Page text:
A high ratio of propellant mass to gross loaded mass less payload, which is known as the "mass fraction. of the launch vehicle, is important for an SSTO to be a success. In the absence of actually building and flying the vehicle, the only ways to determine mass fraction and thus empty weight is through a very detailed hardware design or by the use of analogy to previous flight hardware. Parametric weight estimates must not be used due to the uncertairrty associated with their application.

Generally, we have found that a realistic mass fraction figure for modern SSTO VTOL rockets lies between 0.88 and 0.91. This produces "growth factors" (the ratio between gross liftoff mass and payload) In the area of 35 to 80. Thus, for a 2,000 pound payload, the gross weight at liftoff should be about 150,000 pounds. Also, the smaller the vehicle is, the higher the proportion of empty weight is taken up by items such as avionics, which do not scale between larger to smaller vehicles (In contrast to other weights such as engines and tanks). Therefore, the smaller an SSTO is, the higher the growth factor becomes, until the payload disappears.

Reference 1 discusses a "though experiment" which makes an SSTO out of a proven piece of flight hardware. In summary, we show that a Saturn V third stage, with a Shuttle engine in place of the standard J-2 rocket engine, can attain orbit as a single-stage with a payload of a few tons. This may be accomplished without the use of advanced structures, propulsion or electronics. Straightforward application of modern technology in these three areas would produce an SSTO which could re-enter, land, and be reused.

We have found a means by which we can adapt the conventional composite structure of modern small aircraft to the airframe requirements of the Phoenix M. This significant innovation will dramatically shorten the development time of the vehicle.

Thermal Protection.

One novel feature of the Phoenix M concept is the use of active cooling to protect the vehicle's composite structure from the heat generated during re-entry. This technique, which is weight competitive with other advanced thermal protection schemes, has the attribute of permitting low-cost conventional aircraft-style construction throughout the Phoenix M. In addition, the concept allows all-weather launch and landing operations, which are not possible with most ceramic-based thermal protection systems.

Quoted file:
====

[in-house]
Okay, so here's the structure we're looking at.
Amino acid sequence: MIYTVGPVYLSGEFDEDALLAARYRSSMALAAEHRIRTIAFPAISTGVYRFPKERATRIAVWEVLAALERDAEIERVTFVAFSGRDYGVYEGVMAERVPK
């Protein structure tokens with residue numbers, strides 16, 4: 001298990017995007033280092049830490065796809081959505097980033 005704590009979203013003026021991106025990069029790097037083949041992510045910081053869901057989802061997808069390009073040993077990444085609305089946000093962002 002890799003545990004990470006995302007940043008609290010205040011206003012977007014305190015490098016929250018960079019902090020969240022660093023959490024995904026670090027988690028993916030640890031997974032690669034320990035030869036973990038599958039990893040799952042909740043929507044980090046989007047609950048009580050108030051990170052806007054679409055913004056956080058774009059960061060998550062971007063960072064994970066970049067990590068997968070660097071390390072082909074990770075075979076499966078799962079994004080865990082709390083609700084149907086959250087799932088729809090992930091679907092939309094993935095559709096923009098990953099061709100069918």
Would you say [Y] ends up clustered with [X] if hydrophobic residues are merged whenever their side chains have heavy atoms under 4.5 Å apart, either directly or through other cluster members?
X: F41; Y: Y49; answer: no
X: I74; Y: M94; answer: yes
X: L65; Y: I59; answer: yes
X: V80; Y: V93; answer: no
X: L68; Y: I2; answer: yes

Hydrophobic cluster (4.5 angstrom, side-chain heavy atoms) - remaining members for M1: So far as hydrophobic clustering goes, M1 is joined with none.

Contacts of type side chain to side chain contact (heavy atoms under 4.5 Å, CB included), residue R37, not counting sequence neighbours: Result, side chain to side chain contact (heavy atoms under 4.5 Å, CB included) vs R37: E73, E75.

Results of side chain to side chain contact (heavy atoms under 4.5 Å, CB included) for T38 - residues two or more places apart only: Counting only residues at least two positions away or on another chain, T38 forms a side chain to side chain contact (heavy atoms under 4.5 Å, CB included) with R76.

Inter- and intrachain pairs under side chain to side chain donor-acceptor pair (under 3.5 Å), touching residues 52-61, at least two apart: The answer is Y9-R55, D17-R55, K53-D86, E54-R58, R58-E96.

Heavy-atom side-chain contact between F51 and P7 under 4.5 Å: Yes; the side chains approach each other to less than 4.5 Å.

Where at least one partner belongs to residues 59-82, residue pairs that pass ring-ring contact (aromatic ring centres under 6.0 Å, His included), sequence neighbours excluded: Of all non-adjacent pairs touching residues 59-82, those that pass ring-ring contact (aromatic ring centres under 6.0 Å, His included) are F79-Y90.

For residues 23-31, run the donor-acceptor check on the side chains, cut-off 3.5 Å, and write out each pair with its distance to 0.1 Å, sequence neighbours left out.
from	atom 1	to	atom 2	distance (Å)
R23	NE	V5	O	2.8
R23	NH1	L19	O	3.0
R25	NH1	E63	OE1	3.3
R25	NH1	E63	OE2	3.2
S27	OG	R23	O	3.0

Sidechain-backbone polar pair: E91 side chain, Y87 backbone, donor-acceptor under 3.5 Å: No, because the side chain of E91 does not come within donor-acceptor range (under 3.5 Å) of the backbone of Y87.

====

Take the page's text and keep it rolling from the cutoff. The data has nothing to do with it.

The use of rocket braking for landing an SSTO vertically often excites concern. In reality, the control problem is no different that that faced during a vertical launch of any rocket. (Small SSTOs might employ gliding parachutes for initial recovery efforts.) Through the use of redundancy in the Phoenix M, the landing should become routine and reliable. Computer simulation of the approach and landing will be necessary to address critic's concerns.


The final requirement for a commercial launch system is aircraft-style intact abort capability. Simply sated, this requires the vehicle to terminate flight at any time during the launch and still recover the vehicle and the payload undamaged. This approach also contributes to greatly reduced development costs, and has been adopted by the SDIO Single-Stage-to-Orbit program. Combining this method of development, test and operation with low-cost fabrication technology pioneered by Butt Rutan will result in a dramatically reduced cost to produce and operate the vehicle.

A Test Program

PacAm is planning an internal effort to address each of the issues above. First, the propulsion system of the vehicle will be modeled and tested In the wind tunnel using cold flow. Second, a detailed vehicle design will be done to baseline the structural and subsystem masses. Third, the landing system will be demonstrated by flight of a full-scale mockup. Finally, a full dynamic and control simulation from launch to landing will be performed.

The Development Program

We estimate that the full development effort would cost about $25 million, and require three years. The effort would produce two vehicles and would certify the vehicle for flight under accepted government and Industry rules.

  1. Gary C Hudson, 1987-1990, 'A Single-Stage-to-Orbit Thought Experiment'
G Hudson, August 1989, "Phoenix M: A Small SSTO Launch Vehicle for Commercial Space Transport Missions", August 1989.
Also downloadable from m a small ssto launch vehicle for commercial space transport missions.shtml